Nymphomaniac, Lars von Trier’s story of the self-professed nympho Joe, isn’t as shocking as its marketing campaign and its director would have you believe. It’s also definitely not pornographic: porn is supposed to entice and arouse its viewers and both volumes of Nymphomaniac certainly don’t do so. What Von Trier’s film actually achieves, is a lot harder to explain. He has main character Joe recount her life experiences to a man who’s found her lying bloodied and unconscious in an alleyway, a story she conveniently divides up in individual segments like Lars himself has been doing for a few films now. The result is a film that’s at times very unpleasant, at times darkly comical, at times poetic, but always quite conflicted in what tone it’s trying to set and what it’s actually about.
At least Von Trier has created another tortured and intriguing heroine with Joe and both actresses who portray her, Charlotte Gainsbourg and Stacy Martin who play older and young Joe respectively, do an amazing job at making her mysterious despite the detail she goes into regarding her life and, as she calls it, sins. Gainsbourg also always embues her character with an adventurousness, sass and curiosity that make her conversations with Stellan Skarsgård’s character in present day a joy to watch. It’s an effective dynamic in which Joe tells her tale and Skarsgård’s Seligman offers her knowledge in return about religion, musical theory, literature and fly fishing among other things. The parallels offered are often insightful, interesting and as result very effective. Joe’s story itself feels very human too, not purely about her sexual desires, but also about her father, her political ideas, and more. Despite the acts her addiction lead to, Joe’s always quite likeable or at least relatable, a person looking for connection and fulfillment. It all comes together quite beautifully until we get to Nymphomaniac‘s second volume and Von Trier’s work starts to fall apart.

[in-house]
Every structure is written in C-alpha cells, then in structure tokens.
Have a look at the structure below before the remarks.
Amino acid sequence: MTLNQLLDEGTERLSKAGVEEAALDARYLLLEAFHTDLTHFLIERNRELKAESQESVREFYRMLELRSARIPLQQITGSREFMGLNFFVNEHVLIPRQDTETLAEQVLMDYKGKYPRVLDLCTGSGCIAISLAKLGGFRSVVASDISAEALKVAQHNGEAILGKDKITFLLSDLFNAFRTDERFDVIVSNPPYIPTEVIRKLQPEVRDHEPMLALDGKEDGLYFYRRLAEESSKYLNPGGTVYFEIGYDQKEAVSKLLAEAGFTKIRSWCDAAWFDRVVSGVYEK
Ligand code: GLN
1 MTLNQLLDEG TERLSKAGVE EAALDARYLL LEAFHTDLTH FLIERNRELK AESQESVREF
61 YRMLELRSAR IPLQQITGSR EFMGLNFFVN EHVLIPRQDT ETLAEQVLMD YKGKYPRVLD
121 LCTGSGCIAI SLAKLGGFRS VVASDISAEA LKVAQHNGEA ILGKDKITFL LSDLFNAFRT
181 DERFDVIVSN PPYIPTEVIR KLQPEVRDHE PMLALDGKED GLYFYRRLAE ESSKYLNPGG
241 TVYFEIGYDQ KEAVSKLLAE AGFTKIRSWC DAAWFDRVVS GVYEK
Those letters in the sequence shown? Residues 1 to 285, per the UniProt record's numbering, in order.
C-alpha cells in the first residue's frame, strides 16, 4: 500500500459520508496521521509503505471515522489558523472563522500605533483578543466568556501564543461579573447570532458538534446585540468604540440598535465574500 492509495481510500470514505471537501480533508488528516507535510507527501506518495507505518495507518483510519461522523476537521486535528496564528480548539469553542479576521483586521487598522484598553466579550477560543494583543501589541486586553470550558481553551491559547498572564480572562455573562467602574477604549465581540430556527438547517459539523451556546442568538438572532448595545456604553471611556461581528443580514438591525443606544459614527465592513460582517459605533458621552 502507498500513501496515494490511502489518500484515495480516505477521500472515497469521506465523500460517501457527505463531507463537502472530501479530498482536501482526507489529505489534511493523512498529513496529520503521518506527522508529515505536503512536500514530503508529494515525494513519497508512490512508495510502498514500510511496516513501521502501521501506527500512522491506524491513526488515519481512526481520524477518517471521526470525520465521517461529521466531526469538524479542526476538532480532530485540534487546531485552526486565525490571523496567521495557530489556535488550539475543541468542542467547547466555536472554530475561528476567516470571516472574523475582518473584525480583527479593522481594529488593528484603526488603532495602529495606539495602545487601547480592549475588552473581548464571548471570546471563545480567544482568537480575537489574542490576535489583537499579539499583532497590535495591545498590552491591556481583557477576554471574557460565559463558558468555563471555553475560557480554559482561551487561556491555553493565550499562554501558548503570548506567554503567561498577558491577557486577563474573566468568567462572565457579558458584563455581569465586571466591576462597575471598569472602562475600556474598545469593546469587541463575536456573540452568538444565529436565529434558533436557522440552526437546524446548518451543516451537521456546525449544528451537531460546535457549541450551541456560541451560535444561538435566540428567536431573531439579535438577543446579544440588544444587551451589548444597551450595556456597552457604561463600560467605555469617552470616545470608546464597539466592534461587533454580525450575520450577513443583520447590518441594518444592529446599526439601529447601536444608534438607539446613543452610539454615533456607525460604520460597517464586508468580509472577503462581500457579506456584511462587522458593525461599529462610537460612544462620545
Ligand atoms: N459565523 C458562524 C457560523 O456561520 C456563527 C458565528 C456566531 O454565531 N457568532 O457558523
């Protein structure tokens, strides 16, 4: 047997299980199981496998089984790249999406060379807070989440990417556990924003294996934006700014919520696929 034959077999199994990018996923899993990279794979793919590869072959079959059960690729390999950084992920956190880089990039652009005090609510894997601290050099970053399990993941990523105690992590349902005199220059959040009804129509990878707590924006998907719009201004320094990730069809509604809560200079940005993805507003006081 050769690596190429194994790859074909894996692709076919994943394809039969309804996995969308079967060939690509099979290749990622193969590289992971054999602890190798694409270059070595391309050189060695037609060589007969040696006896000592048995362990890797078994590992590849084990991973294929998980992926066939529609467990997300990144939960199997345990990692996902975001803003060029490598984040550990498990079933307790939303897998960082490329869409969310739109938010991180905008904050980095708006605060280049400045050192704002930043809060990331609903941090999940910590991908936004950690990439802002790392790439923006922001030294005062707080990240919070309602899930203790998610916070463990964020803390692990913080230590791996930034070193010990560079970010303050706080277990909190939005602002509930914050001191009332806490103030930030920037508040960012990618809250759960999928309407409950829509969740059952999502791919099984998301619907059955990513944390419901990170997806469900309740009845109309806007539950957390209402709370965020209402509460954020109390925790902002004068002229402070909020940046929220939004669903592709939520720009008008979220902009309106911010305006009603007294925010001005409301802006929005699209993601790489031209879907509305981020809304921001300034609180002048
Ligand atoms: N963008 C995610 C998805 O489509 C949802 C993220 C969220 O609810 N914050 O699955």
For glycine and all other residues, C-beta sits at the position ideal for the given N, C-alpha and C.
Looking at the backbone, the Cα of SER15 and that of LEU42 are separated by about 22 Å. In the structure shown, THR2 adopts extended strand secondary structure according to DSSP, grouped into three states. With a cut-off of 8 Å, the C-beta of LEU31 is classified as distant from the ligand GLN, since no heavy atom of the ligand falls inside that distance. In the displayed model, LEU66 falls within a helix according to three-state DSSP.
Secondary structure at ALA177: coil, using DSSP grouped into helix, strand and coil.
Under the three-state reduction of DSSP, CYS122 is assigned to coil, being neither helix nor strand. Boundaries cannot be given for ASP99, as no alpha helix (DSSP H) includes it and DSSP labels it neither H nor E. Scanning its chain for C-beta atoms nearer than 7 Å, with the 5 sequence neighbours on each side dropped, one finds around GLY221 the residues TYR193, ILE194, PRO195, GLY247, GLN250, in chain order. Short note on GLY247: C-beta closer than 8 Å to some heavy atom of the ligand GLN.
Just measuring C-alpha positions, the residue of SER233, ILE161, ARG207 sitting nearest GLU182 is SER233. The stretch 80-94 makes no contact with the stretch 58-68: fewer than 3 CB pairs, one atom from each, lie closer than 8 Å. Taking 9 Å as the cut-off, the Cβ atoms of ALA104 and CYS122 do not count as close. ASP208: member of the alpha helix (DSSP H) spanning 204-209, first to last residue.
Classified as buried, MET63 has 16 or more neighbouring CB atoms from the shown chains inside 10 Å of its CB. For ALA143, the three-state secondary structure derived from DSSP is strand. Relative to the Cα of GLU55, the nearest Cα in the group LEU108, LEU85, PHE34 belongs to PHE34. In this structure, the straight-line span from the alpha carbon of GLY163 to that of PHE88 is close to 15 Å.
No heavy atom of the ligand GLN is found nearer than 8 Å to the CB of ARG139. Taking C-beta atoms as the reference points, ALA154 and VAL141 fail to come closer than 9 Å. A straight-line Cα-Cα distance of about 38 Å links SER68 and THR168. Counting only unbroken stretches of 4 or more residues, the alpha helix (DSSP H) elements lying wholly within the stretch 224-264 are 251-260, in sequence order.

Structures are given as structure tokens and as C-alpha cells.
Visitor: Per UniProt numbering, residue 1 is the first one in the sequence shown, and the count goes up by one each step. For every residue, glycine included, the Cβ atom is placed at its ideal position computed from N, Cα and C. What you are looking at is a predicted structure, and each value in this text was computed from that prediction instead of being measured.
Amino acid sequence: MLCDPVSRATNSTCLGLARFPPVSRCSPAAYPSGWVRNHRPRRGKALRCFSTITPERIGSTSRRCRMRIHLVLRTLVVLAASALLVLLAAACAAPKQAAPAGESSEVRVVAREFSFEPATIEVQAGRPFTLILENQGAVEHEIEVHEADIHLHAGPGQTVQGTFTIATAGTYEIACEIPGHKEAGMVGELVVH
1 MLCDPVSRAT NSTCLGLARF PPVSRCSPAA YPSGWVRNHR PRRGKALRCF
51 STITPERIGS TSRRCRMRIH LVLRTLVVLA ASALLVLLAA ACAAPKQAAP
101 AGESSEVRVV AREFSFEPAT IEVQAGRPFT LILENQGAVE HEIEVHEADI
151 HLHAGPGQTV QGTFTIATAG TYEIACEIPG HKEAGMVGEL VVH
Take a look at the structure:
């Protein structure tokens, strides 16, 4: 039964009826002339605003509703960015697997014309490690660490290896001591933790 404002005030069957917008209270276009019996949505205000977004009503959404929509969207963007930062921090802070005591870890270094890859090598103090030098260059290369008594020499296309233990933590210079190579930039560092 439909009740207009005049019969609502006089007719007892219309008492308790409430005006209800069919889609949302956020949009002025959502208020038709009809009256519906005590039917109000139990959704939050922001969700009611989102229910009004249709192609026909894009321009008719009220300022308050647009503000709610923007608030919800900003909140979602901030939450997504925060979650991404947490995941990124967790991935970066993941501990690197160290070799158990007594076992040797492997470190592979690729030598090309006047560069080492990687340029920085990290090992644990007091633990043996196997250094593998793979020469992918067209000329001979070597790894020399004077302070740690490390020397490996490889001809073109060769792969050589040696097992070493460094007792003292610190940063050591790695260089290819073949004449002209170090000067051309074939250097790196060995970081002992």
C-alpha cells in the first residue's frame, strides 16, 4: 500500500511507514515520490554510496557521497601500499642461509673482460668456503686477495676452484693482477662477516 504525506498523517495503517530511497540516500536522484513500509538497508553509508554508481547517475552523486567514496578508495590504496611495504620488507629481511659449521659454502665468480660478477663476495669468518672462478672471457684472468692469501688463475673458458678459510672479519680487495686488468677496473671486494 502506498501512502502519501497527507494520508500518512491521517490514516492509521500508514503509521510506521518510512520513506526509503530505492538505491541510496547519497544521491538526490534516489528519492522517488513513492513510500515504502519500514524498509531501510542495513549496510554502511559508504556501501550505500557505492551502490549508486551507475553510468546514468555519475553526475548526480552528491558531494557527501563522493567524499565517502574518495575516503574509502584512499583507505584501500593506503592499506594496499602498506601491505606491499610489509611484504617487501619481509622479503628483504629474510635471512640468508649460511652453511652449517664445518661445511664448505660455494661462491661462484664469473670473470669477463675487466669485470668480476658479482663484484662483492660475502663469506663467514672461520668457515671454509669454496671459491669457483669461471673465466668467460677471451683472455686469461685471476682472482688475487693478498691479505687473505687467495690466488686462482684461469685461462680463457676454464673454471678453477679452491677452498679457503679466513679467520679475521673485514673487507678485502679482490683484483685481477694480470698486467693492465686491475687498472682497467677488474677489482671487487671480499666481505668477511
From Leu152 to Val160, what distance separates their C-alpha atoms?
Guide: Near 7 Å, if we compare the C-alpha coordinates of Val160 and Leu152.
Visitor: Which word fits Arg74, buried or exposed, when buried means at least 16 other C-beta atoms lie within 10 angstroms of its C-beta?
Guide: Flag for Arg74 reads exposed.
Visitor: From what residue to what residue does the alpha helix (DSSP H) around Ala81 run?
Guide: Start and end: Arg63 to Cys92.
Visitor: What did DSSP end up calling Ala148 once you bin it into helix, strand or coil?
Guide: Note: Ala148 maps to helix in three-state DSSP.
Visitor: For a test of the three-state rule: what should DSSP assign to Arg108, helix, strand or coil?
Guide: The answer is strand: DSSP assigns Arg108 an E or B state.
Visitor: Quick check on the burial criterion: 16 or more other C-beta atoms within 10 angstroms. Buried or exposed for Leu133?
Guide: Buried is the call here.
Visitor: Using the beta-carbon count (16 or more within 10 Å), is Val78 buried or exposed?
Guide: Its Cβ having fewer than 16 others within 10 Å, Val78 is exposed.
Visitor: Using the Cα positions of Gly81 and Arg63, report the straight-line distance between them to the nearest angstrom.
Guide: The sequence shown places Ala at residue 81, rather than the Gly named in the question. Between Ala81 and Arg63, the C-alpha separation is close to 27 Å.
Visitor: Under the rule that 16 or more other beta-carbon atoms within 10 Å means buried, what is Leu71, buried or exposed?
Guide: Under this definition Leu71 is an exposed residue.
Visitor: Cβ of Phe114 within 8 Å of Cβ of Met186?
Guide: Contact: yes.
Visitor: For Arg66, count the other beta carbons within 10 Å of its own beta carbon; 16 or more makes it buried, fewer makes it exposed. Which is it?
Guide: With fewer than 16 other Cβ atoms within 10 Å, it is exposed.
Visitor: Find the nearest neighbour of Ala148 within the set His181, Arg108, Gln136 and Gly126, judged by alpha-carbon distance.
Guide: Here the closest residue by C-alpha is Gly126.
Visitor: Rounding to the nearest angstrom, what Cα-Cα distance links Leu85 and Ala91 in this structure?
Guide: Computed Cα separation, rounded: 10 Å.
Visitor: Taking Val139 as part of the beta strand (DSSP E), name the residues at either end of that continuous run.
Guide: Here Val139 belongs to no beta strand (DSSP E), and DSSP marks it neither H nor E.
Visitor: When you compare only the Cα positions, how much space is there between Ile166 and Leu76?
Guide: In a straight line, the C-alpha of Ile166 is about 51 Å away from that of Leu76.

Right from the outset Nymphomaniac Volume II completely changes gears. The quite grounded plot gets injected with visions, shady criminals and a story surrounding James Bond’s weapon of choice, the Walther PPK. Gone is the focus on Joe’s struggle with her addiction and the one relatively steady relationship in her life with Shia LaBeouf’s Jerôme. The story gets dropped early on, to its credit for reasons that absolutely make sense in the context of Joe’s journey, but it doesn’t really get replaced with anything that has anything new or insightful to offer. Instead the subject matter becomes quite pulpy and guilty of trying to shock just for shock’s sake. Von Trier also starts to slip in speeches that feel forced, a step back from the introspective nature of Nymphomaniac‘s first half and its method of storytelling that offered room for multiple interpretations. An obvious callback to the director’s own Antichrist adds to the apparent self-indulgence at play in Volume II, an unfortunate turn for a project that, going by Volume I, could have been one of Lars von Trier’s best works.
Nymphomaniac is uneven, its first half great but the second half not at all. Von Trier second volume goes overboard with pulp and pretentiousness, leading to a disappointing ending and a passable end result. 5/10